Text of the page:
A door-to-door circumcision targeting males aged 15 to 49 will kick off in Teso starting Friday.
The Ministry of Health and USAid have launched the programme in Teso North and Teso South districts. The programme coordinator, Simon Lilechi, said phase one of the exercise will be undertaken during night time because of fear and ridicule on the candidates. Lilechi, a clinical officer at the Amukura Sub District Hospital, appealed to those eligible to volunteer themselves for the cut.
Unlike other communities, the Teso, Luo, Turkana and few people in Coast province undergo other rites of passage, which do not include circumcision. The government in 2008 in introduced a policy document which wanted circumcision to be promoted and delivered to males of all ages in a manner that is culturally sensitive to minimise stigma that may be associated with an uncircumcised person.
The World Health Organisation believes that circumcision lowers the risk of contracting HIV/Aids by 60 per cent. Lilechi appealed to Teso leaders to educate the residents on the importance of accepting to undergo voluntary male circumcision. "The main challenges facing the health team as it prepares to roll out the programme are married men who fear to be ridiculed by neighbours," he said.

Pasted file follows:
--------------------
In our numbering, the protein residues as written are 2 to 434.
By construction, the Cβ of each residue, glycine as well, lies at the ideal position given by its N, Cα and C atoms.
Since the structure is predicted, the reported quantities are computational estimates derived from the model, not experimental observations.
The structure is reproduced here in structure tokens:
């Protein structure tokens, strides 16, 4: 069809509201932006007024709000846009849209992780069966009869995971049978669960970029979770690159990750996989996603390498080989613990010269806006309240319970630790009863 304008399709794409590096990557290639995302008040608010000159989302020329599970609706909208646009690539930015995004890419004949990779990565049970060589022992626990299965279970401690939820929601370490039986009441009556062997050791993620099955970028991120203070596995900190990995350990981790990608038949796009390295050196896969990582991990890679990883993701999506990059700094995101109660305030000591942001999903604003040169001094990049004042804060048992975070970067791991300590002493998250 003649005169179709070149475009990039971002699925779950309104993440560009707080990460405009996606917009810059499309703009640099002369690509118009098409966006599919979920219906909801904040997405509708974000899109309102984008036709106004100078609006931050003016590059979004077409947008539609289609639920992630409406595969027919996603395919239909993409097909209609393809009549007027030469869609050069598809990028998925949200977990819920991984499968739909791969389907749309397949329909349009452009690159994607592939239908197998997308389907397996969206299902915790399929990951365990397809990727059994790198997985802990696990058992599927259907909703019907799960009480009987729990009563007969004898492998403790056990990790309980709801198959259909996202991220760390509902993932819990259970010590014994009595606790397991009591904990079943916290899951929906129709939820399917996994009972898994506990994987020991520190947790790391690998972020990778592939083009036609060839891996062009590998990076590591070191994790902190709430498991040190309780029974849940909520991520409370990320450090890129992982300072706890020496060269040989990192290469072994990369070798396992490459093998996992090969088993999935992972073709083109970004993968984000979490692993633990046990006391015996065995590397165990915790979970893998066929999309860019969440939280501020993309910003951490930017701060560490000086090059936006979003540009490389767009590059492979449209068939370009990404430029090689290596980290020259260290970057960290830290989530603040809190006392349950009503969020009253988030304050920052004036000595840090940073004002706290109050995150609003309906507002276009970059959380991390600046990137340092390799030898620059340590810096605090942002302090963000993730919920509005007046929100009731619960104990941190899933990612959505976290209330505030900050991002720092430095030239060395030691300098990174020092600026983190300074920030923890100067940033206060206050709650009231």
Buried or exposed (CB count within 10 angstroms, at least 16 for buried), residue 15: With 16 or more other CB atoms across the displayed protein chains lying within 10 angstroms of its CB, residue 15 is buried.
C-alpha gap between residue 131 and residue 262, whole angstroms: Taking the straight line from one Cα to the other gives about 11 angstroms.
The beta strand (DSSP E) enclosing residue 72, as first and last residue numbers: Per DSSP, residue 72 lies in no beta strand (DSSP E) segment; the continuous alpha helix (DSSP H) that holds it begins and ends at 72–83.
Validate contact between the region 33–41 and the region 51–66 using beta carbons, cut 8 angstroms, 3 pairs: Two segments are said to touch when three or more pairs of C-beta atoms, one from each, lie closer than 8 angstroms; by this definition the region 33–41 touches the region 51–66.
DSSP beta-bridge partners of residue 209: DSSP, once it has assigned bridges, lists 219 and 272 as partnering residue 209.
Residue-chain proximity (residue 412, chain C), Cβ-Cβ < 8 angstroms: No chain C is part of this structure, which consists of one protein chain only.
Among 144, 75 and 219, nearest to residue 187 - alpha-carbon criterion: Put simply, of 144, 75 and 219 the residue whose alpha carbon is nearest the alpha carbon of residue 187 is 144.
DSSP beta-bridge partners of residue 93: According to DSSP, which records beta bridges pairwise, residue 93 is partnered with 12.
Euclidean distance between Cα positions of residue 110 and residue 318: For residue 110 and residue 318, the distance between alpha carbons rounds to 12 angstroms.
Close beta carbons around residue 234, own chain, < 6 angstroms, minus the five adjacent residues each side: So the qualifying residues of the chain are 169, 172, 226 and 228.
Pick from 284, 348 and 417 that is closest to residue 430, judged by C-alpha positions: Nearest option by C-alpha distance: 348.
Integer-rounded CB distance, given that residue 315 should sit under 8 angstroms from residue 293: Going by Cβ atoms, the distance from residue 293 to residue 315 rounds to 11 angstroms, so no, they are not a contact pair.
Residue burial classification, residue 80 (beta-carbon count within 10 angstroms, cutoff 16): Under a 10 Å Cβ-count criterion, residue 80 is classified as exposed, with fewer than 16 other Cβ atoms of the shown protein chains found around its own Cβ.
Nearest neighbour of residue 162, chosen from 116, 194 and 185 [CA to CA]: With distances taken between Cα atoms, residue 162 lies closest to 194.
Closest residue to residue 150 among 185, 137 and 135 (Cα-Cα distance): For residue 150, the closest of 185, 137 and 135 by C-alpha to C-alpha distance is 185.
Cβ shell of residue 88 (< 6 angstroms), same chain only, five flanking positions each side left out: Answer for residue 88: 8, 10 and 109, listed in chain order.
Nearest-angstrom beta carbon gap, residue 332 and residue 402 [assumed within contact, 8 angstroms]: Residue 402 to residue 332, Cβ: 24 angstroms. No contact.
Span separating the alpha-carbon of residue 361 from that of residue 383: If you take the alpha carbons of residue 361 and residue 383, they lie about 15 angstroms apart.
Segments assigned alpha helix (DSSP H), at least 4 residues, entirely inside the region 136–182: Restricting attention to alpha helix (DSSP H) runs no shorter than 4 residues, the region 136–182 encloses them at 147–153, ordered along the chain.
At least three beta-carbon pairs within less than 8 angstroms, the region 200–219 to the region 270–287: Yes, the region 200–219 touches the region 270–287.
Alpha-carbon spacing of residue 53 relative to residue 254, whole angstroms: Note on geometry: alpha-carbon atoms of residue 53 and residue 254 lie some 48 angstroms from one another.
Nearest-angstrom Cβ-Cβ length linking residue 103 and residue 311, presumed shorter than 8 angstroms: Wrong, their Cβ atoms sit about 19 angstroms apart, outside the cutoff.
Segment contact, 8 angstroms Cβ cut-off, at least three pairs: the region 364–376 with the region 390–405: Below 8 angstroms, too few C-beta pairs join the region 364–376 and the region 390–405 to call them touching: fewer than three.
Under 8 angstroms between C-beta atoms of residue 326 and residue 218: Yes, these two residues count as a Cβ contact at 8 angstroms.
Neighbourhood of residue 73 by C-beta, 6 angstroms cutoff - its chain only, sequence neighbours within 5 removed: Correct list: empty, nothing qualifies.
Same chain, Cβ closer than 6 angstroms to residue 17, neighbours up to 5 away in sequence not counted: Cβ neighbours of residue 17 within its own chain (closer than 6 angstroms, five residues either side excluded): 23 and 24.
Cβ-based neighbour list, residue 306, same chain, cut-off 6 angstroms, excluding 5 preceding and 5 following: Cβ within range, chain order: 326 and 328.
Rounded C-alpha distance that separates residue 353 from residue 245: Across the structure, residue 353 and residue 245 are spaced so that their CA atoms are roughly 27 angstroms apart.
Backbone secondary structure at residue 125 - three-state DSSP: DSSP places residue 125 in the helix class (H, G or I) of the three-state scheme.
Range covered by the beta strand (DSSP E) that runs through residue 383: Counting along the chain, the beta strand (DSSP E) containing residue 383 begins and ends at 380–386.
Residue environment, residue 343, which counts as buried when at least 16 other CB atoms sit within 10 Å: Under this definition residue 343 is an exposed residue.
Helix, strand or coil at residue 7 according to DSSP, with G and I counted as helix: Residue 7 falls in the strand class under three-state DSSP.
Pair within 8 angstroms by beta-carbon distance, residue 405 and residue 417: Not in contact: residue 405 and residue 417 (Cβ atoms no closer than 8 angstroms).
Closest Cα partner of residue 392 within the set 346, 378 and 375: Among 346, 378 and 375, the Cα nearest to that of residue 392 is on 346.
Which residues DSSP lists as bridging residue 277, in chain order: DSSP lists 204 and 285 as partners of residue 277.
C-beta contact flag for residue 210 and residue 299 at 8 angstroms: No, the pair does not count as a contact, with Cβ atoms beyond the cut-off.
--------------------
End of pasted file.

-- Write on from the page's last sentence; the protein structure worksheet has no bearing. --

"The programme will take three years until the Teso community accepts the fact that voluntary male circumcision is for males from all tribes." Male circumcision has been proven as a breakthrough prevention tool offering 60 percent protection against infection among heterosexual men. In 2007, WHO included male circumcision as an additional intervention to reduce the risk of acquiring HIV and other sexually transmitted infections in men.